Seven years ago, I decided to move to Chicago to pursue my career as a musician and artist as well as help my partner through grad school and beyond. Moving away from the Zen Center was a shock to the system for me spiritually. I missed the sound of the traffic on Speer, the elegance of the Buddha in the zendo, and most of all the endless fellowship with friends over tea and cookies, and even beer and cheese. I found myself floundering to find stability in my practice. The rug had been pulled. There was no wall to lean against.
Throughout my years in Chicago I have sat with several different centers, but none of them felt quite like home. I was lucky enough to come back to Denver for sesshin as well as regular “Skype-usans” with Karin Sensei and rediscover the practice that had supported me for so many years. These short spurts of practice have been a beacon, a lighthouse seen from afar that has helped keep me on my personal path. Sesshin as a focused, intense practice is there to remind me of the well of spiritual water that is always there to drink no matter where my life circumstances have led me. It has helped support me during tough times and allowed me to get myself to the mat at 5:30 in the morning no matter the condition of my body-mind. I am so grateful to the Center and all it has given me, but ultimately I am the one who decides to go over to the mat and stare at the wall for twenty-five or thirty minutes.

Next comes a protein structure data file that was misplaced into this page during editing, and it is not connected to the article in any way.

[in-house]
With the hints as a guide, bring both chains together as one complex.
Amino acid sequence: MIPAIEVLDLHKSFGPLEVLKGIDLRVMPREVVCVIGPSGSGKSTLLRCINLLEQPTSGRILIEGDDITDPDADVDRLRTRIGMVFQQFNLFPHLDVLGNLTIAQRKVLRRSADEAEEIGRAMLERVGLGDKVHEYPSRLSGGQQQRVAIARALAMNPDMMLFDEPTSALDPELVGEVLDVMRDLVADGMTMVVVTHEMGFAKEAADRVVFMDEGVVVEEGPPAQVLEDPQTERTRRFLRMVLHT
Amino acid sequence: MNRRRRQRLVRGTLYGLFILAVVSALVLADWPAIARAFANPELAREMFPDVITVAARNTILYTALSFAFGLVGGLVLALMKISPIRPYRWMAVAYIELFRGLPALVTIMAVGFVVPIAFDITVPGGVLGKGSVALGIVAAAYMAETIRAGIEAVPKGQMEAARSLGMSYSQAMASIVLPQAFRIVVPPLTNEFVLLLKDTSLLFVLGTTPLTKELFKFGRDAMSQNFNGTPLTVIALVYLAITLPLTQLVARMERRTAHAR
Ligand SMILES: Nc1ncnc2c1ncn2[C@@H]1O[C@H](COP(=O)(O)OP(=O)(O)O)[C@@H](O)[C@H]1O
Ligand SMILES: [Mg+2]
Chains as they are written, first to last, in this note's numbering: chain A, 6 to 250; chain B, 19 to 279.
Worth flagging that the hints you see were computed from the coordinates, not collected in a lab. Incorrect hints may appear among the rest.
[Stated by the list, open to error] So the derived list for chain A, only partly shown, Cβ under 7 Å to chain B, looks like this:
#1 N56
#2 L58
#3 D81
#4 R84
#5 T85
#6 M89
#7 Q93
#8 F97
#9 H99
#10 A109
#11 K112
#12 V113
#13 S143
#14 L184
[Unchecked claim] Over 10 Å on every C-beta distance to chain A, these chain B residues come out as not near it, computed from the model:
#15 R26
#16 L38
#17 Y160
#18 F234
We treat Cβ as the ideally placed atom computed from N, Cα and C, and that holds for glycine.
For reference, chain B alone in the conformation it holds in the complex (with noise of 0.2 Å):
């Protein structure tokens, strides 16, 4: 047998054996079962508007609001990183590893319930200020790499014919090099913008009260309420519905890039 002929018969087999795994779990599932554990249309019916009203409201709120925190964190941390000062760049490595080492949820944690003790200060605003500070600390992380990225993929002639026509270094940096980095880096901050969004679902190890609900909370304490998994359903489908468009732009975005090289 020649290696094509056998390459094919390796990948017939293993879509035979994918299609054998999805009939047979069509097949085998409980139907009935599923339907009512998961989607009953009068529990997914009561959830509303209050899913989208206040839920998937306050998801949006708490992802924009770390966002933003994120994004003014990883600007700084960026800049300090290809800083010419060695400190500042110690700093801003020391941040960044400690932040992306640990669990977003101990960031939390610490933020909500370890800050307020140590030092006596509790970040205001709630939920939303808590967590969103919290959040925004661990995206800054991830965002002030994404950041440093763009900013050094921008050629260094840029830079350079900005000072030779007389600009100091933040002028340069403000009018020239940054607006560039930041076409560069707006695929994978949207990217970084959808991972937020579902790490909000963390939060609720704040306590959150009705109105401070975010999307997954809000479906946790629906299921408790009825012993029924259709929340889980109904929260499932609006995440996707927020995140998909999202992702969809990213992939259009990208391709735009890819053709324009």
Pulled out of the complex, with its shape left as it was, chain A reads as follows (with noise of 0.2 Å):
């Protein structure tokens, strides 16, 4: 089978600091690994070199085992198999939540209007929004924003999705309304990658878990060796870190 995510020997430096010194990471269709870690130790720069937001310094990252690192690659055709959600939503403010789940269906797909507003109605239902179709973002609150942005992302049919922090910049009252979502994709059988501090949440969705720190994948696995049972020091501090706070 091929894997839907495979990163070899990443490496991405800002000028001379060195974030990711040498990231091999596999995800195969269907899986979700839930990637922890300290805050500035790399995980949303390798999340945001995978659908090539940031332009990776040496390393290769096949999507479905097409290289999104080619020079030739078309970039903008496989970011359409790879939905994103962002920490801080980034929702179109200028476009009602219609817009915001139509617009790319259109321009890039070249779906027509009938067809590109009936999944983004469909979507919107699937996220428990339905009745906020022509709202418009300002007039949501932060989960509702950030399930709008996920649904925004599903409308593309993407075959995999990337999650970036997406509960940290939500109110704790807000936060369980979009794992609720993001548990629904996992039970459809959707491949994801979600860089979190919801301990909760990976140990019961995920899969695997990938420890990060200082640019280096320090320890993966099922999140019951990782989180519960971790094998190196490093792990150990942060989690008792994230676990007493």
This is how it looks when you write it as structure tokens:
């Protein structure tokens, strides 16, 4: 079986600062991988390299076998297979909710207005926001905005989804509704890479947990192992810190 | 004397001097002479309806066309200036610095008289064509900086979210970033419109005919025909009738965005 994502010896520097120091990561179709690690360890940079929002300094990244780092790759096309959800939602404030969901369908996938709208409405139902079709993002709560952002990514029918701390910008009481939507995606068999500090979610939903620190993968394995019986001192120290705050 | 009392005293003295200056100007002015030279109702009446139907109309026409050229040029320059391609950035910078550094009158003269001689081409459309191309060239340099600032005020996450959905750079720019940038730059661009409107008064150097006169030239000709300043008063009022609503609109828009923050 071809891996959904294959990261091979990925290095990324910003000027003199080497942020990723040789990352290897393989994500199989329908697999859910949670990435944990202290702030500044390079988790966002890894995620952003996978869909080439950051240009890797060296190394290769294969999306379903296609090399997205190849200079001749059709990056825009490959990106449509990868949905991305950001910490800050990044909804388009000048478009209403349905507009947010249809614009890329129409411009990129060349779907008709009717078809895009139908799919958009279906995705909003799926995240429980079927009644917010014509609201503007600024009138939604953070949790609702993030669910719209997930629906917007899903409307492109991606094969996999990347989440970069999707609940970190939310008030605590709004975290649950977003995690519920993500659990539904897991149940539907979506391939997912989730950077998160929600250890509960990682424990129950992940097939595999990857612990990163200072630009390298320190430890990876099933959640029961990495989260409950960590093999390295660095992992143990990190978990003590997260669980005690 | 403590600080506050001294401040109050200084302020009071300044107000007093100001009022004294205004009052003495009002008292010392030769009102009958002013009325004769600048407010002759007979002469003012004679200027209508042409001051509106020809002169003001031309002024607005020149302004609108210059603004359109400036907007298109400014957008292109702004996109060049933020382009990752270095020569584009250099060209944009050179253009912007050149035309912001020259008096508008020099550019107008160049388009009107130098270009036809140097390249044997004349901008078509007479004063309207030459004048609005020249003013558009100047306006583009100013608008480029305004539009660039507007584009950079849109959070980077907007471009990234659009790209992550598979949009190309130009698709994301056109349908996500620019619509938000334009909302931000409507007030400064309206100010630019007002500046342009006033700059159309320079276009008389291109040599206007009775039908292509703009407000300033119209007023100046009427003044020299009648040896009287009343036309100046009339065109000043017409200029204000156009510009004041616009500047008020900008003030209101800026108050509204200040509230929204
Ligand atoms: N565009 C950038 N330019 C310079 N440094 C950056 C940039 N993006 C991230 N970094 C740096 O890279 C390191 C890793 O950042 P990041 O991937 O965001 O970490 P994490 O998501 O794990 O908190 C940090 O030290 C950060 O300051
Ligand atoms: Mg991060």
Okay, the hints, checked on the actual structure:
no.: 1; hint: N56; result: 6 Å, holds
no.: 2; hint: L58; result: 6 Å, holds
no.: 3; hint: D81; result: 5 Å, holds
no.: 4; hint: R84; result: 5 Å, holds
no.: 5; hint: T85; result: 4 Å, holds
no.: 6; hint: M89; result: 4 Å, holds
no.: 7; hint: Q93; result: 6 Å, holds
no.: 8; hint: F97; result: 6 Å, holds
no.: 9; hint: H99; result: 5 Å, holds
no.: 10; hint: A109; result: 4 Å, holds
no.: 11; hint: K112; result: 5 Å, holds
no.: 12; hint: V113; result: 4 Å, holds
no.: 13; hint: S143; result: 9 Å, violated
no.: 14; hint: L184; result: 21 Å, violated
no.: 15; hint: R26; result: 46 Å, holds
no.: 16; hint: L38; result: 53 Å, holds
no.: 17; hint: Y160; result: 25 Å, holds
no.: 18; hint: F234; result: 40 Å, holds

Recently, I purchased a bonsai tree and placed it near my altar and sitting place in the window amidst my other plants. At some point, I decided – not sure why – that I would only water this plant during my ritual before sitting. Light the match… light the incense… put the incense to my forehead… put it in the pot… water the bonsai… sit down… set the timer. This seemed appropriate. The plant sits on the windowsill and just is. It accepts when it doesn’t get water, and when it does. It is there when I sit, and when I don’t. And yet, it fills me up when I pour the water over its branches and see it get what it needs. To see it drink, to help it live. It is a reflection of my mind and my awareness. The mat functions in exactly the same way. The cushion exists whether I sit on it or not. It is totally fine with just being a cushion whether or not I use it. And yet, it seems happy to fulfill its purpose. It seems lonely without me – ha!